By Ian Rigg
There are likely some who’d doubt that a farcical jukebox musical of Go-Gos tunes would be a progressive work pushing Broadway representation forward. Pay no mind to what they say (it doesn’t matter anyway!) Kokandy Productions’ explicitly queer, effortlessly entertaining take on Head Over Heels has got the beat.
In a silly but significant story scored by Belinda Carlisle’s greatest hits, an ancient kingdom called Arcadia has been held under the thrall of The Beat for centuries, keeping to strict traditions and social roles to enforce its rhythm. But when an enigmatic oracle foretells that they will lose the Beat and the kingdom will fall to chaos, an idiot king tries to stymie prophecy, forbidden lovers meet in secret, and destiny and desire duel. Delivered in classical meter, heightened language, and 80s radio jams, Head Over Heels delivers laughs as it unveils cautionary tales about the perils of patriarchal tradition and ascribing to self-fulfilling prophecies, and a warm appeal that love is what individuals feel, not what society dictates.
As the farce unfolds, the characters learn to leave behind the archaic tunes of old, and embrace different voices to make a much better song.
Conducting it all are directors Derek Van Barham and Elizabeth Swanson. By channeling a classical world through a queer lens, they keep the comedic arrows firing and the show’s aim true. And they boldly do their own thing with a show that only recently ran on Broadway, brilliantly adding intermittent vignettes of queer love, polyamory, and more, all of them sweet and sincere reinforcements of the show’s themes.
Their team takes this to heart, too. Chris Roton’s simple but dynamic set allows for literal and figurative multi-level drama, perfectly lit by evocative lighting designer G. “Max” Maxin IV.
Intimacy director Sarah Scanlon also channels those levels, keeping everything safe, and scintillatingly respectful.
Incredible costume designer Uriel Gomez melds 80s kink, medieval regalia, and the thrill of summer fabrics into a series of sex-positive outfits – there should be nothing but glowing raves for the convertible dress of the pithy prophet Pithio, the finale’s can’t-miss showstopper.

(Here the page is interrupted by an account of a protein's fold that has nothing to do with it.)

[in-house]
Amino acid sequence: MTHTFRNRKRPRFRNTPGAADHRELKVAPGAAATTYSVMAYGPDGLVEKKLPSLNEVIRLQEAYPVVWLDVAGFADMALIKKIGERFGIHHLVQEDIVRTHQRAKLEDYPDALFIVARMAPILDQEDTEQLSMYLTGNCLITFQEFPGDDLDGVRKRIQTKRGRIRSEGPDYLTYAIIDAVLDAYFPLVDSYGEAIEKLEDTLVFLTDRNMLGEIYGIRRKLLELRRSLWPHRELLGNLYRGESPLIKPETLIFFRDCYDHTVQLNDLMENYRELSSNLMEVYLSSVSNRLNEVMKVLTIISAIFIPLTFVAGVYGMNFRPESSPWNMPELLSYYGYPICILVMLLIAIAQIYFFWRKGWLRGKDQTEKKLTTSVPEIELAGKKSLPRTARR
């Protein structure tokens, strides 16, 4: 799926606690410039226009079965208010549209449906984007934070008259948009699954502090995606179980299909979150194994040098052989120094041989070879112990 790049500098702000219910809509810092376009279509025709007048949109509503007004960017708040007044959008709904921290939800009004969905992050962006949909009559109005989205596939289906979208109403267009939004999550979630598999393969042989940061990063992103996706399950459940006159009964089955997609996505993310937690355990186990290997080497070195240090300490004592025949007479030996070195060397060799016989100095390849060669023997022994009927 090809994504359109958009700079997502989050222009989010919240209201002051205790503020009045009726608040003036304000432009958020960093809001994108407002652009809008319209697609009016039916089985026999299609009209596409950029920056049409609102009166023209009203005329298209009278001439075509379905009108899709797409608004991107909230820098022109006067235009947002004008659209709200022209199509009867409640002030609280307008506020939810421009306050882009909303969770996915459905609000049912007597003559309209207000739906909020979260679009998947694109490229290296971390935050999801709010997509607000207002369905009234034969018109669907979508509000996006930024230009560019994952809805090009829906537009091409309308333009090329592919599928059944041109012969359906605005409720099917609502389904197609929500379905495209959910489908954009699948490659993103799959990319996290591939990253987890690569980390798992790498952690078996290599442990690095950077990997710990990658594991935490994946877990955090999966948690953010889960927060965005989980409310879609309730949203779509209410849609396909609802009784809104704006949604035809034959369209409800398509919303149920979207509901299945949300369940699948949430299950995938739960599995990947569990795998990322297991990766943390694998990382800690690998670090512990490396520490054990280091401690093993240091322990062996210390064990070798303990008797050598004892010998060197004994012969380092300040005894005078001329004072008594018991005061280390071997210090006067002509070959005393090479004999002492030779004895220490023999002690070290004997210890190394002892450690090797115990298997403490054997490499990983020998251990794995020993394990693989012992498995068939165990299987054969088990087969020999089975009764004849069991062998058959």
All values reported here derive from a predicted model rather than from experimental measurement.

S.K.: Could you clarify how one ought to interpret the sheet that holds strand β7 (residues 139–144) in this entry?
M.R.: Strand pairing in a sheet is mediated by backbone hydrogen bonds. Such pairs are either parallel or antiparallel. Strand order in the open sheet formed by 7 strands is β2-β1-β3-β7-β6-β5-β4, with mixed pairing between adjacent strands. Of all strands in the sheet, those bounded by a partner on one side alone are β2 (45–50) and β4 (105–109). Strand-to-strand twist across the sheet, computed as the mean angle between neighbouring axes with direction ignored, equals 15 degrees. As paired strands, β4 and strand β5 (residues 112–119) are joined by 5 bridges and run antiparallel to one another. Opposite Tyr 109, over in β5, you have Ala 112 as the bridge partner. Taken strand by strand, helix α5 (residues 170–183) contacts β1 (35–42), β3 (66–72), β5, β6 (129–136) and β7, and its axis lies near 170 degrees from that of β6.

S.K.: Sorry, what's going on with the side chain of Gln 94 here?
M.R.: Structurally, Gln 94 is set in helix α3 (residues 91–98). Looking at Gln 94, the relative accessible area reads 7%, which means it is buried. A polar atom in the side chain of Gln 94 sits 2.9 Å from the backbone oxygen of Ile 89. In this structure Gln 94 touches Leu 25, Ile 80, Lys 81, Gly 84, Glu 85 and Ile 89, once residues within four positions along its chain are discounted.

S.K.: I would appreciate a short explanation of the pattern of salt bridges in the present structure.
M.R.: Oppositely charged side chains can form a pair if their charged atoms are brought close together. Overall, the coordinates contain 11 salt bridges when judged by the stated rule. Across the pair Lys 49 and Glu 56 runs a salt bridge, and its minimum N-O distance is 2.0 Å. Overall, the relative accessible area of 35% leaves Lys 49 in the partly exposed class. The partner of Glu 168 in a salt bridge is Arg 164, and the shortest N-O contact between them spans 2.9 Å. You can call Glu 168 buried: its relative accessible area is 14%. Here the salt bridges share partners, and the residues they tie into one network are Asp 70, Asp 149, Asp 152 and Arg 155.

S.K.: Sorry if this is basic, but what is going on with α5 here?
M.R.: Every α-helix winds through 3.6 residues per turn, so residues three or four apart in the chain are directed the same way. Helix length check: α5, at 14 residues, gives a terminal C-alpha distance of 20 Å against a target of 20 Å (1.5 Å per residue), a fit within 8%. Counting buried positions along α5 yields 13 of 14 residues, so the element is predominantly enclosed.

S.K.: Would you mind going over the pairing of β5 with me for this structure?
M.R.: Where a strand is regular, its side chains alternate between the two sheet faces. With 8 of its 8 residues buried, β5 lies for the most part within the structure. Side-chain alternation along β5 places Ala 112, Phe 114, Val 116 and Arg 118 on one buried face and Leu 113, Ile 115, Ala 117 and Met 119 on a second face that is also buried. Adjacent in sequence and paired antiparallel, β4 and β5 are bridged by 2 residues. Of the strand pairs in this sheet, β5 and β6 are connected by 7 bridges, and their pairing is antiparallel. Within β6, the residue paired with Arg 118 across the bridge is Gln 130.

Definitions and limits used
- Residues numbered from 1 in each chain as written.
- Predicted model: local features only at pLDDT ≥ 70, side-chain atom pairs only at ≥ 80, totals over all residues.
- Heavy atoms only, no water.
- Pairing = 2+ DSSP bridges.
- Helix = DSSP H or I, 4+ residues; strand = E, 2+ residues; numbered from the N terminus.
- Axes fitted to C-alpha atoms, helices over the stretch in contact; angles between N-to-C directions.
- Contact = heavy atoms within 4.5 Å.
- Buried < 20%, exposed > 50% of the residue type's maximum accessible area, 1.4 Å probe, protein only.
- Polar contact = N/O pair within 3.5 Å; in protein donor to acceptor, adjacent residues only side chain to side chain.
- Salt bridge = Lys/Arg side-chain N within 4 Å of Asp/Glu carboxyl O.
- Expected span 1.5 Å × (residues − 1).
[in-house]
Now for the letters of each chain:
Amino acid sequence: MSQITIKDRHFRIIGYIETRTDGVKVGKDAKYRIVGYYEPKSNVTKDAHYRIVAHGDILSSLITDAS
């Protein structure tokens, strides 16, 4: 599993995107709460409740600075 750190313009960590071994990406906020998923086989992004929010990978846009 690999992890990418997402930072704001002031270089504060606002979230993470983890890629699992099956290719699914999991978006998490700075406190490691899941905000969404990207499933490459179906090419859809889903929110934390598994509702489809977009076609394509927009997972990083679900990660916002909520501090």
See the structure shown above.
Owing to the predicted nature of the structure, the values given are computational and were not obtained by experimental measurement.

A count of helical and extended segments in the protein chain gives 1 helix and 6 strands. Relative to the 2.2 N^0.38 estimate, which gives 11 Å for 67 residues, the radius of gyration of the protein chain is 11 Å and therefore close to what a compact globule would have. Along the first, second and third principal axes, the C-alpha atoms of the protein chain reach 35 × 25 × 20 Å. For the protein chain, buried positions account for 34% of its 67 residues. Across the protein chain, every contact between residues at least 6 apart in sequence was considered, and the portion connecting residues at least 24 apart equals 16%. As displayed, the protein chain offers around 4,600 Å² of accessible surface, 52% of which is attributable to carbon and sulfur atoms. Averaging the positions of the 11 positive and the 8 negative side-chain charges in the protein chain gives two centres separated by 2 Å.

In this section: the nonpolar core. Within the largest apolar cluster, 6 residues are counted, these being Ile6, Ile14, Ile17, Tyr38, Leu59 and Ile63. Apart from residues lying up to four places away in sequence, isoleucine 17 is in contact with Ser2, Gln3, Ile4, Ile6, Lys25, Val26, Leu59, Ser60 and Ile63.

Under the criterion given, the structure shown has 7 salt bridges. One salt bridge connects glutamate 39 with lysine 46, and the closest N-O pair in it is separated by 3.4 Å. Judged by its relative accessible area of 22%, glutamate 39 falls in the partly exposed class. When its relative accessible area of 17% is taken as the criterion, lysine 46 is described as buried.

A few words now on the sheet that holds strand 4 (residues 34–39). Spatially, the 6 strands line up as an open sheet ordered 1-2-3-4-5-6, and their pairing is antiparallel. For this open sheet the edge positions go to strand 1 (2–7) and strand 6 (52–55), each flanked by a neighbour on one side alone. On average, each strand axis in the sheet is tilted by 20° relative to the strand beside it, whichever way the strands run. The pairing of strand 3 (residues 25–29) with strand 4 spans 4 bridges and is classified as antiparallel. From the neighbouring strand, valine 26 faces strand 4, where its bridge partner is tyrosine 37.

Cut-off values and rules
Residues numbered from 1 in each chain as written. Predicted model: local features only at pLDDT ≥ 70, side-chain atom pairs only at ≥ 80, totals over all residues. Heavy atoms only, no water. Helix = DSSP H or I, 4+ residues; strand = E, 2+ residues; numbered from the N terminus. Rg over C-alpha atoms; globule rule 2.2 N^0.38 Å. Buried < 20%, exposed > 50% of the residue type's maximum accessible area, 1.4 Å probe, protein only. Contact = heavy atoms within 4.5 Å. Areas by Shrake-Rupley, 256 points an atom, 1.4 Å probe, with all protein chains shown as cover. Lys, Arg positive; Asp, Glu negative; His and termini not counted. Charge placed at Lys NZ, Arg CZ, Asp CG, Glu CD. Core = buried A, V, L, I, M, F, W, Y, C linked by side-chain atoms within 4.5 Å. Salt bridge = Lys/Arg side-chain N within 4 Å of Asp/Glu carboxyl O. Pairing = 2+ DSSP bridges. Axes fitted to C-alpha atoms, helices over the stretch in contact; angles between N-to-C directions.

Breon Arzell remains one of Chicago’s best choreographers, and his alternatively percussive and fluid movements are what set this show apart. It’s a testament to his unique vision that it’s impossible to imagine the movement looking any different.
The spectacle is only bolstered by Kyra Leigh, who keeps harmonies and cutoffs tight, vocals powerful, and inspires the actors to reach for the insane notes they hit. Thanks to this creative team, you’ll never hear The Go-Gos the same way again.
Carrying out the killer choreo and radical riffs is a cast packed with vocal powerhouses, rising stars, and diverse gender identities.
Deanalís Resto makes waves as the pining punk handmaiden Mopsa. They are a revelation to the Chicago stage, with a wonderfully expressive face and the soaring vocal chops to match.
Jeremiah Alsop shines as the moonstruck shepherd turned romantic hero Musidorus. With a soaring, earnest voice and killer physical comedy chops, he plays the part perfectly. It’s a delight to watch him masquerade as an Amazon warrior to be closer to his beloved (the old tropes transcend their typical usage), and unlock a power and aspect within himself he never knew was there.
Just wait ‘til you hear Caitlyn Cerza sing. As the initially downtrodden princess Philoclea, she has the sublime pipes to bring this patriarchy crashing down.
Bridget Adams-King, coming off the deserved acclaim of her turn in Haymarket, is ever a joy. As a (probably rightfully) narcissistic princess discovering that love was right next to her all along – and it sure ain’t no lame prince – she balances phenomenal vocal power and control with a perfectly calibrated deadpan delivery as the show’s comedic backbone.
Liz Norton is a queen in every sense of the word. With a singular voice and a most regal command of language, she by all rights should be a living legend.
Frankie Leo Bennet, who was sadly born too late for a great career as an 80s pop star, does a bang-up job as the buffoon king who gradually learns regret and humility.
Shane Roberie, a laugh riot, truly commits to the oafish but loyal regent Dametas, himself learning to overcome past sins and embrace new changes.
But it has been foretold that Parker Guidry walks away with the show, and they sure do command every scene they’re in. Proving a powerhouse Pithio, with hypnotically serpentine movement, avian mystique and viper-like execution of language, the endlessly charismatic performer makes it easy to see why a character becomes “mad about them” by the show’s heartfelt finale.
It’s rare that a comedic romp can have something so profound to say, and it’s telling that this crew of artists sticks the landing and has such a fun time doing it. Kokandy’s Head Over Heels is a breezy summer treat, and a reminder that when we embrace all identities with love as our truest compass, we’ll make heaven a place on earth. And ooo baby, do you know what that’s worth?
Kokandy Productions presents “Head Over Heels” through Sept. 8 at Theatre Wit, 1229 W Belmont Ave, Chicago. For tickets and more information click here.